TAMPA — Retired police officer Orlando Gudes eked out a narrow victory Tuesday night in the runoff election for the city’s only majority minority district.
Gudes, 51, beat funeral home director Jeffrey L. Rhodes, 56, by a little more than 150 votes in the race for District 5. It followed a similarly tight primary election won by Rhodes by just 217 votes.
The two candidates fought for a seat that includes parts of both East and West Tampa,
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In a campaign notable for an absence of attacks and negative campaigning, Gudes’ gritty campaign style and frequent promises to work on council for more investment in the city’s poorest neighborhoods may have resonated more with East Tampa voters than Rhodes’ business-suit attire.
An East Tampa resident, Gudes may also have benefited from the geography of the seat, which covers a large part of the city north of Ybor City and east of the Hillsborough River. He also had more political donations to get his message out, having raised more than $83,000, almost double the $43,000 raised by his opponent.
Gudes said his experience on the city’s charter review board was the perfect apprenticeship to serve on City Council. On doorsteps and in debates, he touted his volunteer work running youth football and cheerleading leagues, and his service as a Tampa police officer. That experience gave him the know-how to solve people’s problems, he said.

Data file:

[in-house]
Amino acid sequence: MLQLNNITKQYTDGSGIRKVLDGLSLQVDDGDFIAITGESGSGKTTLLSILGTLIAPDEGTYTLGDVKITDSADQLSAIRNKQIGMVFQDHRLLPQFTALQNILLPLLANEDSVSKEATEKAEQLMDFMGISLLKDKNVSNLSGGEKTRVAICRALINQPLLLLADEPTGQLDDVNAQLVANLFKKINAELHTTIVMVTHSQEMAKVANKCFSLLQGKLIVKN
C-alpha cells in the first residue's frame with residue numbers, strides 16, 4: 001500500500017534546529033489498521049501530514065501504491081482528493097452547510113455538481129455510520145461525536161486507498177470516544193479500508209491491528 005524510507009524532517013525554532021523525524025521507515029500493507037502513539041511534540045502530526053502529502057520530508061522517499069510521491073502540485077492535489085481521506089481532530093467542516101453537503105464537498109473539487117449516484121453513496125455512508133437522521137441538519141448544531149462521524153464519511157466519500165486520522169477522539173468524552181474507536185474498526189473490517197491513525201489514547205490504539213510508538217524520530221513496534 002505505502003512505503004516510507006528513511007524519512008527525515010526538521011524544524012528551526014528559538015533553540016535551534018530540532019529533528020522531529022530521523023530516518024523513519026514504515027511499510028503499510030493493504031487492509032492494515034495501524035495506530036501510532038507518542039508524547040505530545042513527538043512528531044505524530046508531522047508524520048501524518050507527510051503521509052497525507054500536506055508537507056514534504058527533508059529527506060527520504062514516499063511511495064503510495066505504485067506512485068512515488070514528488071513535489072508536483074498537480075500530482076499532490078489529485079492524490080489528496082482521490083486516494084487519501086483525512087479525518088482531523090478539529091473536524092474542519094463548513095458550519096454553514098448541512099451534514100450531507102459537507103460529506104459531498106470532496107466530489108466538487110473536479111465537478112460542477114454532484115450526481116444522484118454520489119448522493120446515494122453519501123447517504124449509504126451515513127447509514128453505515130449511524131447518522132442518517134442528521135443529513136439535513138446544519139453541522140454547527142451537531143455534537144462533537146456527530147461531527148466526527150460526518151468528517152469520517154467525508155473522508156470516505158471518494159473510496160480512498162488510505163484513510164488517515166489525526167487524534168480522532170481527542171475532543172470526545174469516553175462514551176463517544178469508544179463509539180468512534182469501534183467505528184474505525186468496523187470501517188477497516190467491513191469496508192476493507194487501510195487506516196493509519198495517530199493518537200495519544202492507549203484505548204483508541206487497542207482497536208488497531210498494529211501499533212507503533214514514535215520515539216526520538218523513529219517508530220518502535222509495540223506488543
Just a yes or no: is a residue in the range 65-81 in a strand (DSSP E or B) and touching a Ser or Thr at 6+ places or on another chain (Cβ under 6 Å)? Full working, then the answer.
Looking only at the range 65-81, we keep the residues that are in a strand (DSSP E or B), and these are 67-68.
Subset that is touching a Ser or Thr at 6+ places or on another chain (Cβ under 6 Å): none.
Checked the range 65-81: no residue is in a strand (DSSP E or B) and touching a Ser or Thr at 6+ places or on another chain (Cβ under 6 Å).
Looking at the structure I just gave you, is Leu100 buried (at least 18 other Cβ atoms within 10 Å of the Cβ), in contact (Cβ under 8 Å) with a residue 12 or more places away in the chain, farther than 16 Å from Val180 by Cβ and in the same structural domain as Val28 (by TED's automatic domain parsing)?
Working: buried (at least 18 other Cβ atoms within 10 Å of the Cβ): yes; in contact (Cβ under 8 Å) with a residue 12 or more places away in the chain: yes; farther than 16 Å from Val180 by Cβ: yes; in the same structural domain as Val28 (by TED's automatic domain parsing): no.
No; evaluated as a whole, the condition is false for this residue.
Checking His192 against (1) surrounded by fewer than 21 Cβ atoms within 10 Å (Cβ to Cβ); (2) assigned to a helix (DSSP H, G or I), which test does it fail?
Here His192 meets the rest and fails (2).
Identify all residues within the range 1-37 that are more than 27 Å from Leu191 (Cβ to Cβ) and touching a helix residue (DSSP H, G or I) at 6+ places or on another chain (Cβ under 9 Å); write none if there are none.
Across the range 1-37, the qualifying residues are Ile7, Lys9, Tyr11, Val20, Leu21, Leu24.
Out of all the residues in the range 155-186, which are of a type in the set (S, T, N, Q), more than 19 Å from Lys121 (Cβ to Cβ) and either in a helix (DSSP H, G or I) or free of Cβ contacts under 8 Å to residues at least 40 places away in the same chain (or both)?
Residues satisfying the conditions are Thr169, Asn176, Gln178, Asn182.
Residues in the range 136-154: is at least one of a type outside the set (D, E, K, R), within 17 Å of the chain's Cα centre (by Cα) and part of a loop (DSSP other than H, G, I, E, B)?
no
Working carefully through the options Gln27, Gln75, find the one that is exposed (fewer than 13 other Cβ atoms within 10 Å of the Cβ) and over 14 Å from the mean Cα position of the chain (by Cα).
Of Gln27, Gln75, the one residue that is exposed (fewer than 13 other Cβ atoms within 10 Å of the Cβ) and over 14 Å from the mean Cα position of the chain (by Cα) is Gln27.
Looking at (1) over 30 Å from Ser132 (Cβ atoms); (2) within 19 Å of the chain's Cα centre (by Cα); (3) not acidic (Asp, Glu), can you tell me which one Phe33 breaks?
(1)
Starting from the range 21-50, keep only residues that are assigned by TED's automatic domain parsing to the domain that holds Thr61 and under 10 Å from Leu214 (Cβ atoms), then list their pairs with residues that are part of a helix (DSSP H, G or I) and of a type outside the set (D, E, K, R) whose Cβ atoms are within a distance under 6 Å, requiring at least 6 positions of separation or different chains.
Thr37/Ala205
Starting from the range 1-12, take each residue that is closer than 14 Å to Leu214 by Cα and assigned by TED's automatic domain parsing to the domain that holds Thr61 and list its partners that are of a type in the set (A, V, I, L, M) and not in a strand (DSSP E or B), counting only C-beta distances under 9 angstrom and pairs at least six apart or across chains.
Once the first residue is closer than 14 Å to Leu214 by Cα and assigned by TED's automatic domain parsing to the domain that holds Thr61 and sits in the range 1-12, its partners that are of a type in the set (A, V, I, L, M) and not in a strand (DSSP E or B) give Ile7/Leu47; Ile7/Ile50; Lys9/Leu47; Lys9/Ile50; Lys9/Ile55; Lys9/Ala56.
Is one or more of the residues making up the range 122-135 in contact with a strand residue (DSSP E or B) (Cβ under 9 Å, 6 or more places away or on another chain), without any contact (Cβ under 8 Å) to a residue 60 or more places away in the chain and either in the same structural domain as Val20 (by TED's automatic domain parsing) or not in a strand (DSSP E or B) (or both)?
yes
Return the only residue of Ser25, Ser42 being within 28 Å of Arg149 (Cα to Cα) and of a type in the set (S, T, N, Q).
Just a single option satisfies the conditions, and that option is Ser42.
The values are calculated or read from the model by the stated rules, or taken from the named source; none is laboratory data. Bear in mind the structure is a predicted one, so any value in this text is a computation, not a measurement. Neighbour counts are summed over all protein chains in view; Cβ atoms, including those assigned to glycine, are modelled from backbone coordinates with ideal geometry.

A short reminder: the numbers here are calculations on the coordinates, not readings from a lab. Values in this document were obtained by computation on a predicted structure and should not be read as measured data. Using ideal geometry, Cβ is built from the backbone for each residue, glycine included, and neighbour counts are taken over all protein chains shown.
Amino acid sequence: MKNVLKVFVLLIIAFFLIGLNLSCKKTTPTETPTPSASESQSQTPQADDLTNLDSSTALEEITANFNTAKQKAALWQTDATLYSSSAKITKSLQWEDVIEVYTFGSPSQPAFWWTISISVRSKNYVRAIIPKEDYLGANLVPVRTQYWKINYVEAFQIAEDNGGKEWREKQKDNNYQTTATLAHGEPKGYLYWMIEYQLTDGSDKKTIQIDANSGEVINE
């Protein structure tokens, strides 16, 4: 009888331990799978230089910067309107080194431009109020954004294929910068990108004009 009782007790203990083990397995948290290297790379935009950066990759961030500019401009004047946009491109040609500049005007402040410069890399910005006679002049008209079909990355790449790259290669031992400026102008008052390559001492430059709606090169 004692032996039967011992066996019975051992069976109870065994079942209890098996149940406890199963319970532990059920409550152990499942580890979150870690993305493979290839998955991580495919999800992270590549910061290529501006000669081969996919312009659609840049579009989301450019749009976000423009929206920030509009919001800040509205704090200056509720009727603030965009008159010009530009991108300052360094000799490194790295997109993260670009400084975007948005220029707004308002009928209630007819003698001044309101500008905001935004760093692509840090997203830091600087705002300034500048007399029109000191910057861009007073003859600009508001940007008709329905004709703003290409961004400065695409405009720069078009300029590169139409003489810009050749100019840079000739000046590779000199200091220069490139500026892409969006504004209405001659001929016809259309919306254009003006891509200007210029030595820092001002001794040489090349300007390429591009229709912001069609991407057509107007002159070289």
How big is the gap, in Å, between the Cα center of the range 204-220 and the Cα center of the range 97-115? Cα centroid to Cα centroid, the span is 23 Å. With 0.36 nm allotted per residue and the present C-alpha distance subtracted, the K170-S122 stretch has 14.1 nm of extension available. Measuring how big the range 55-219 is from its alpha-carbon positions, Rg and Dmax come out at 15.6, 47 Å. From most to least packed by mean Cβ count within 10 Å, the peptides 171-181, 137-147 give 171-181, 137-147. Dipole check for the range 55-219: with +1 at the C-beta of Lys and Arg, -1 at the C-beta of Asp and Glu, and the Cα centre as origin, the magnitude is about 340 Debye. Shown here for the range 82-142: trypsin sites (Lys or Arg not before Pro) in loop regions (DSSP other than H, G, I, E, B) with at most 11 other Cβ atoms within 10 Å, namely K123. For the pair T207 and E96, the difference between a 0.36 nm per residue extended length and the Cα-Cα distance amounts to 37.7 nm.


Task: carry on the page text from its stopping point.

“I just think the voters believed I had the most experience,” Gudes said while celebrating at his election watch party at Zydeco Brew Werks in Ybor City. “I think East Tampa got me through.”
During his campaign, Gudes promised to fight for a city ordinance to help former felons get employment. He also wants more investment in District 5 and more employment opportunities to be opened up at Port Tampa Bay, which lies within the district.
Speaking from his election watch party at the Columbia Centennial Museum, Rhodes said it was tough to lose by such a narrow margin
“When a race is this close, you beat yourself up if there was something I could have done a little bit different,” he said. “I felt all along it was going to be close. That’s what happens when you have two viable candidates.”
The co-owner of Ray Williams Funeral Home, Rhodes serves on the West Tampa Community Redevelopment Area board and is a member of the West Tampa Chamber of Commerce.
In his campaign he called for the city to use tax incentives and grants to spur the growth of small businesses. He would like Tampa to pass a hiring ordinance similar to one adopted by St. Petersburg that requires companies awarded city contracts to hire felons and create apprentice positions.
Cleaning up communities and making them more walkable will help make them more attractive to small businesses, he said.
He said his opponent’s advantage in fundraising may have been decisive in such a close race.
“I didn’t start doing campaign advertisements until late when my funds became available,” he said.
Contact Christopher O’Donnell at firstname.lastname@example.org or (813) 226-3446. Follow @codonnell_times.